May 12, 1997 |
After "A Chorus Line" premiered in 1975, could anyone continue to look at Broadway's rank-and-file hoofers merely as scenery with good legs? The musical showed that each individual in every chorus line has a story, a living photo album of dreams and regrets, loves and fears. The tall one on the left? That's Sheila, who found at the ballet the light she lacked at home. The pony-tailed blond is Kristine, tone deaf but inseparable from her uxorious spouse, Al, who keeps her on key.
June 5, 2008 |
"I hope I get it." That line may express the hopes of the characters in "A Chorus Line," but the performers in the touring production at the Ahmanson Theatre already have it. If you don't believe us, just consider the punishing routine these young dancers are enduring. For each show, the principal cast performs two intermissionless hours of high-kicking dance numbers interspersed with 13 soul-searching songs.
CALIFORNIA | LOCAL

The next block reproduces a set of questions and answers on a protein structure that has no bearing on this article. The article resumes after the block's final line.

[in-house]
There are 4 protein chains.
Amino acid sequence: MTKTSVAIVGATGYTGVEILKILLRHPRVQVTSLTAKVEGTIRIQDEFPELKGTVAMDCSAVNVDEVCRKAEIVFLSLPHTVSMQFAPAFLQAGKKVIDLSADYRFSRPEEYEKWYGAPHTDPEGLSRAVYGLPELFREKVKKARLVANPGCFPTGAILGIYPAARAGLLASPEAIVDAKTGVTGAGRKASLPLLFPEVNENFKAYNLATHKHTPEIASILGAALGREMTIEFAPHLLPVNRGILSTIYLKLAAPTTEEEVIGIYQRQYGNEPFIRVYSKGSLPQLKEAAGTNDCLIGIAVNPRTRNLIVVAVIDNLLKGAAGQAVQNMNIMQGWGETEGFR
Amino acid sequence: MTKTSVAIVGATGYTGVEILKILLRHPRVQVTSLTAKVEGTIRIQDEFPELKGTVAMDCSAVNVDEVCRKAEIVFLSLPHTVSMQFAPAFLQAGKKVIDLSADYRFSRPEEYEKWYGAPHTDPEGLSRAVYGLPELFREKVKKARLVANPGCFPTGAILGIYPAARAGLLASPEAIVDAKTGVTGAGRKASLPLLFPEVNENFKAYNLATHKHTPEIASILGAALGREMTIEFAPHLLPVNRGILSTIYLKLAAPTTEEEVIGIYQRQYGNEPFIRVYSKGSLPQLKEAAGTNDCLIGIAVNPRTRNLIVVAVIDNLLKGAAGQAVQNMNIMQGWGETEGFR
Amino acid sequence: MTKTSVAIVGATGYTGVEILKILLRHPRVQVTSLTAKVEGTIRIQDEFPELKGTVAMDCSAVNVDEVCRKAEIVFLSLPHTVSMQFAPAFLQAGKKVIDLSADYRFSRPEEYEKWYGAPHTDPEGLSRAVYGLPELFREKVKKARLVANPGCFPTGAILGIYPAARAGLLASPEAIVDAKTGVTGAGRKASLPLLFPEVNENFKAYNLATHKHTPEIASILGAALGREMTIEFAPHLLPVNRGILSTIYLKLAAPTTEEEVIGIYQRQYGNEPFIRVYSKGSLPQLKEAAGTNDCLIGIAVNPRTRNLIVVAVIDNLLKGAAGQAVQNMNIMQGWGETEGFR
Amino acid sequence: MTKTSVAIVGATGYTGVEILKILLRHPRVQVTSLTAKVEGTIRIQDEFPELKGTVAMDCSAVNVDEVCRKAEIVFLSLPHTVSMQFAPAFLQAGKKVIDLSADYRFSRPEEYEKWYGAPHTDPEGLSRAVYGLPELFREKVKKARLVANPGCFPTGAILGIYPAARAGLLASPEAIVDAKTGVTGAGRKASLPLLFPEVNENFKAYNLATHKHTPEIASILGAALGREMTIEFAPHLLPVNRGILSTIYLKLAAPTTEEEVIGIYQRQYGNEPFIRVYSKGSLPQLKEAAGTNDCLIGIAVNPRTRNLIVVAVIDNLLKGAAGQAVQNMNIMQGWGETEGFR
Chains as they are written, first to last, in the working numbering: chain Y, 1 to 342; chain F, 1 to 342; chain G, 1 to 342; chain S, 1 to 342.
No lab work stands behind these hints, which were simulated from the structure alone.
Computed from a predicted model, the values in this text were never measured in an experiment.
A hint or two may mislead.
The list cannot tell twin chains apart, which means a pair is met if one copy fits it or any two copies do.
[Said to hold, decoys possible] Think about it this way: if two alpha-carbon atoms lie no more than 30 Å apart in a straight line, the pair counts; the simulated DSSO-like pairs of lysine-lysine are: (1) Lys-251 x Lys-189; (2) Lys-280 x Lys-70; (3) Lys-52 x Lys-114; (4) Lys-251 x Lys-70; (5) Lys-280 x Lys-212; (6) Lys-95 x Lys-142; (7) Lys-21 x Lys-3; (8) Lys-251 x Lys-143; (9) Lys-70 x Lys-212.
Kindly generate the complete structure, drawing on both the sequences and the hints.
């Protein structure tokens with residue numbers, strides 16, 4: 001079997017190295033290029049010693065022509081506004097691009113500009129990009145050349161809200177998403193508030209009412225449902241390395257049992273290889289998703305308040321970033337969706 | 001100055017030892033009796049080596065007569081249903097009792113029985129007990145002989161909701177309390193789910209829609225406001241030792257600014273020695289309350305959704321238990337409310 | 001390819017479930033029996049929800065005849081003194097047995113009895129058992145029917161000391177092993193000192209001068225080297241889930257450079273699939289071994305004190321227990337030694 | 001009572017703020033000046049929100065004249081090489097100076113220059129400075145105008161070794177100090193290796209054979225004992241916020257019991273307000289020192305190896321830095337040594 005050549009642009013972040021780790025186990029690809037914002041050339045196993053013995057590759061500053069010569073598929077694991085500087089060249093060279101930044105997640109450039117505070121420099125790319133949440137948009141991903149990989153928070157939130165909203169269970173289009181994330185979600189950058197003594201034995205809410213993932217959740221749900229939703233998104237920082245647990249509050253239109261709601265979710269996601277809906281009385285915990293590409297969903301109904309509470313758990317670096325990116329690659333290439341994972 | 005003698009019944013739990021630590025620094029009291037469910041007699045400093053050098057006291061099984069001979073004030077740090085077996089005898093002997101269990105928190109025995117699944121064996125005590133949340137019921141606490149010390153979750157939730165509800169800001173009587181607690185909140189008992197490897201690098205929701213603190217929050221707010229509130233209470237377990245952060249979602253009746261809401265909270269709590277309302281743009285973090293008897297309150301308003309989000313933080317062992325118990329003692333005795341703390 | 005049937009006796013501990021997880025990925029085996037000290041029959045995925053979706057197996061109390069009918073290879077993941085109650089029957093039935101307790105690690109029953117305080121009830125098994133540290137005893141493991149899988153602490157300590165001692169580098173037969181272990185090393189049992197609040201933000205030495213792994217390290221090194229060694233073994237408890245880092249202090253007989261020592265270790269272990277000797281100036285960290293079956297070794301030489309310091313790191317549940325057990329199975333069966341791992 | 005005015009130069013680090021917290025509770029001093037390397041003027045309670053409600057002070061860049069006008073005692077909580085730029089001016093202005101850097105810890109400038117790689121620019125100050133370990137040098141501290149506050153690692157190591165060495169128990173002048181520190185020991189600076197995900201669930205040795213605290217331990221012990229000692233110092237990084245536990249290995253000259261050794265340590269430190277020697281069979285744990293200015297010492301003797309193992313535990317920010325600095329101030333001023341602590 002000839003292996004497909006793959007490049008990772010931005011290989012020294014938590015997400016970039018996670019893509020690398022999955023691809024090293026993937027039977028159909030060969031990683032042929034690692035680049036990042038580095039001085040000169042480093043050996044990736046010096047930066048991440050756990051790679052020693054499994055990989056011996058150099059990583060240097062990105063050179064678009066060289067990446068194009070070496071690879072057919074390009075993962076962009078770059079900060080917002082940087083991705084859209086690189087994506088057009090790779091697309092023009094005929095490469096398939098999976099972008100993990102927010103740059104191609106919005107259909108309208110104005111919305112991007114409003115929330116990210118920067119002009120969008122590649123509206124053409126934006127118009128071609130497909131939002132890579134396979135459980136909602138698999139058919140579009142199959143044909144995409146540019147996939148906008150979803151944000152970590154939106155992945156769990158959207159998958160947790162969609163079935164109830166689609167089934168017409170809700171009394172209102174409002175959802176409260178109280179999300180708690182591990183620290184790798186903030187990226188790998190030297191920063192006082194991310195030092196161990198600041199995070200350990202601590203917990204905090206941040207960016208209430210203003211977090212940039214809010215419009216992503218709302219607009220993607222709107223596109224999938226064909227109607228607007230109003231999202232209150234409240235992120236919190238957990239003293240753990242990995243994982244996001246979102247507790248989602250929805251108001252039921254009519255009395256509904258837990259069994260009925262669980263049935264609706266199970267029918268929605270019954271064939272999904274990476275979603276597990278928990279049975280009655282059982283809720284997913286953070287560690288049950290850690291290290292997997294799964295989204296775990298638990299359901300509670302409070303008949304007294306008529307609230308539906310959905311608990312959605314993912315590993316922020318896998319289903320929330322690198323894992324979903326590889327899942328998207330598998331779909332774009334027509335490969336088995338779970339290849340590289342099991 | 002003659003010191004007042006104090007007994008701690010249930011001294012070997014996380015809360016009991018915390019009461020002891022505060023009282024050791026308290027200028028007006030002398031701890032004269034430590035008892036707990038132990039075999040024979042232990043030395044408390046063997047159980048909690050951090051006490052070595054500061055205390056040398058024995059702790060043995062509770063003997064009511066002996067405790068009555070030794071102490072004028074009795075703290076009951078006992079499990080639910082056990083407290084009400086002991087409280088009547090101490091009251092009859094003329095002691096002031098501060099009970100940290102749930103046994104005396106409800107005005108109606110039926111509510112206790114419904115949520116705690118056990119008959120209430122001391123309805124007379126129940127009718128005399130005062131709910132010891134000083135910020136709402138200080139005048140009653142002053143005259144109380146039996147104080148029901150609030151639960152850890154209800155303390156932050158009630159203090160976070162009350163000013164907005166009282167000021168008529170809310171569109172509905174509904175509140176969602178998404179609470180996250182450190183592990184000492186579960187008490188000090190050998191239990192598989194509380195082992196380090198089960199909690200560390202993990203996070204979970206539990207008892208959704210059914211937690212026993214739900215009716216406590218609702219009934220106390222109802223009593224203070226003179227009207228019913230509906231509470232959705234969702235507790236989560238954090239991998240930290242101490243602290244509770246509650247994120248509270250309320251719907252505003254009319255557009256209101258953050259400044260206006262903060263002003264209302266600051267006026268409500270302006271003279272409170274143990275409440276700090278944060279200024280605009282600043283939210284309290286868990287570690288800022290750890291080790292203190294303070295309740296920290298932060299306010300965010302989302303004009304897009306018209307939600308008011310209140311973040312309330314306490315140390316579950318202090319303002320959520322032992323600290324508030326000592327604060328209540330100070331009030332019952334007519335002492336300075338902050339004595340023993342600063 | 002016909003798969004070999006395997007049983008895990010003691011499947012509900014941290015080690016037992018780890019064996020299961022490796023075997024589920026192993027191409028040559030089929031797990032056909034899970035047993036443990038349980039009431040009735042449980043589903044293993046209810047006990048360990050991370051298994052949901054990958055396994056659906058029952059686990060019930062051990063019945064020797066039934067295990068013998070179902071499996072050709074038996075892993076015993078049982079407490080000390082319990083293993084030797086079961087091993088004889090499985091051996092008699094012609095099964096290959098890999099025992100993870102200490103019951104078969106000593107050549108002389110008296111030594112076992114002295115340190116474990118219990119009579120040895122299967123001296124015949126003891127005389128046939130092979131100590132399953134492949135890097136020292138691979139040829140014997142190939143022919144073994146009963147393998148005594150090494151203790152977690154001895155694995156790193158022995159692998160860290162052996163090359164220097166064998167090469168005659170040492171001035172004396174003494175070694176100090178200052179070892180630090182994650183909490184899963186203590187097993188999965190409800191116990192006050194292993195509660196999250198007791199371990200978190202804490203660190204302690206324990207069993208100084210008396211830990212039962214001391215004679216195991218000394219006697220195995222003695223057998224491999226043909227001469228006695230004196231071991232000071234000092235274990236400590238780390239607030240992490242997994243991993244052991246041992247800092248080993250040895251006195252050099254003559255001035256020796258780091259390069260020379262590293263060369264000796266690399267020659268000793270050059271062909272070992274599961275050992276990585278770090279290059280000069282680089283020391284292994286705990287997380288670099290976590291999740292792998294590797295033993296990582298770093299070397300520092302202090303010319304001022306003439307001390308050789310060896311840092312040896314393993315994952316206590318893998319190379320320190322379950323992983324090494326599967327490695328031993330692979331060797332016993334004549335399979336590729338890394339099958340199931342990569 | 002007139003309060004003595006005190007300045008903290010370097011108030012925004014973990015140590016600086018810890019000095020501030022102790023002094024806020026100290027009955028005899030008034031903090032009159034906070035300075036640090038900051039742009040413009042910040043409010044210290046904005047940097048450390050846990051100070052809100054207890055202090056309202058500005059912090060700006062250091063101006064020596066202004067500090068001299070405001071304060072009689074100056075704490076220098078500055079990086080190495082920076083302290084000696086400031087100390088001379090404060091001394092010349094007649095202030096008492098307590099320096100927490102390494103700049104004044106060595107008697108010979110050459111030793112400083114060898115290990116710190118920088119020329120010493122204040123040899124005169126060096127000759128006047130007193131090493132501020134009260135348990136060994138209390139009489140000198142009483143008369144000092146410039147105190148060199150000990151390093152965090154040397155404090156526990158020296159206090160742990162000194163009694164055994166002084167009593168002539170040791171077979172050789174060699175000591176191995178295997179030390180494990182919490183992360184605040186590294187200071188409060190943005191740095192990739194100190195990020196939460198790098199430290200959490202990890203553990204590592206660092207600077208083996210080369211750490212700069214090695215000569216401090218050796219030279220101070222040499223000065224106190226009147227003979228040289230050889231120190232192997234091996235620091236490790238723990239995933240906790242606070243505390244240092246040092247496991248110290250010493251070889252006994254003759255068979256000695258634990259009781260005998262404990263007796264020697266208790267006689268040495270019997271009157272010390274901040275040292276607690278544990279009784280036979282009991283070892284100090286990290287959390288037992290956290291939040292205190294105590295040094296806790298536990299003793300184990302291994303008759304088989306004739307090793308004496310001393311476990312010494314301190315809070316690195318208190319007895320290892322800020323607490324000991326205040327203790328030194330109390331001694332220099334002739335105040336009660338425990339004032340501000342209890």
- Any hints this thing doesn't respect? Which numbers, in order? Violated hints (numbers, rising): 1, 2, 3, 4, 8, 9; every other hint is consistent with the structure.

November 28, 2000 |
An original cast member of the landmark Broadway musical "A Chorus Line," Trish Garland said she's in the same kind of shape she was in more than two decades ago when she played the role of Judy Turner. On Monday she and a few of her fellow "A Chorus Line" buddies demonstrated how fit they've stayed through the years.
January 1, 2000 |
In an exercise sure to start arguments among music lovers, National Public Radio has created its list of the 100 most important American musical works of the century. The list started with 300 songs suggested by a group of producers, artists and experts familiar to NPR. In mid-October, NPR allowed the public to vote on the selection. More than 13,000 listeners cast their votes online and through the mail. A panel of 15 musicians considered the same 300 songs.
July 20, 1990 |
In the first song of the ultimate backstage musical, "A Chorus Line," the performers repeatedly sing the line, "I really need this job!" That is not true, at least monetarily, for the 23 performers of the Desert Opera Theatre's production of the musical opening tonight at the Palmdale Cultural Center. Even though they have gone through almost two months of rehearsals and are commuting from as far away as Hollywood, none of the performers are being paid. "What's money when you're having fun?"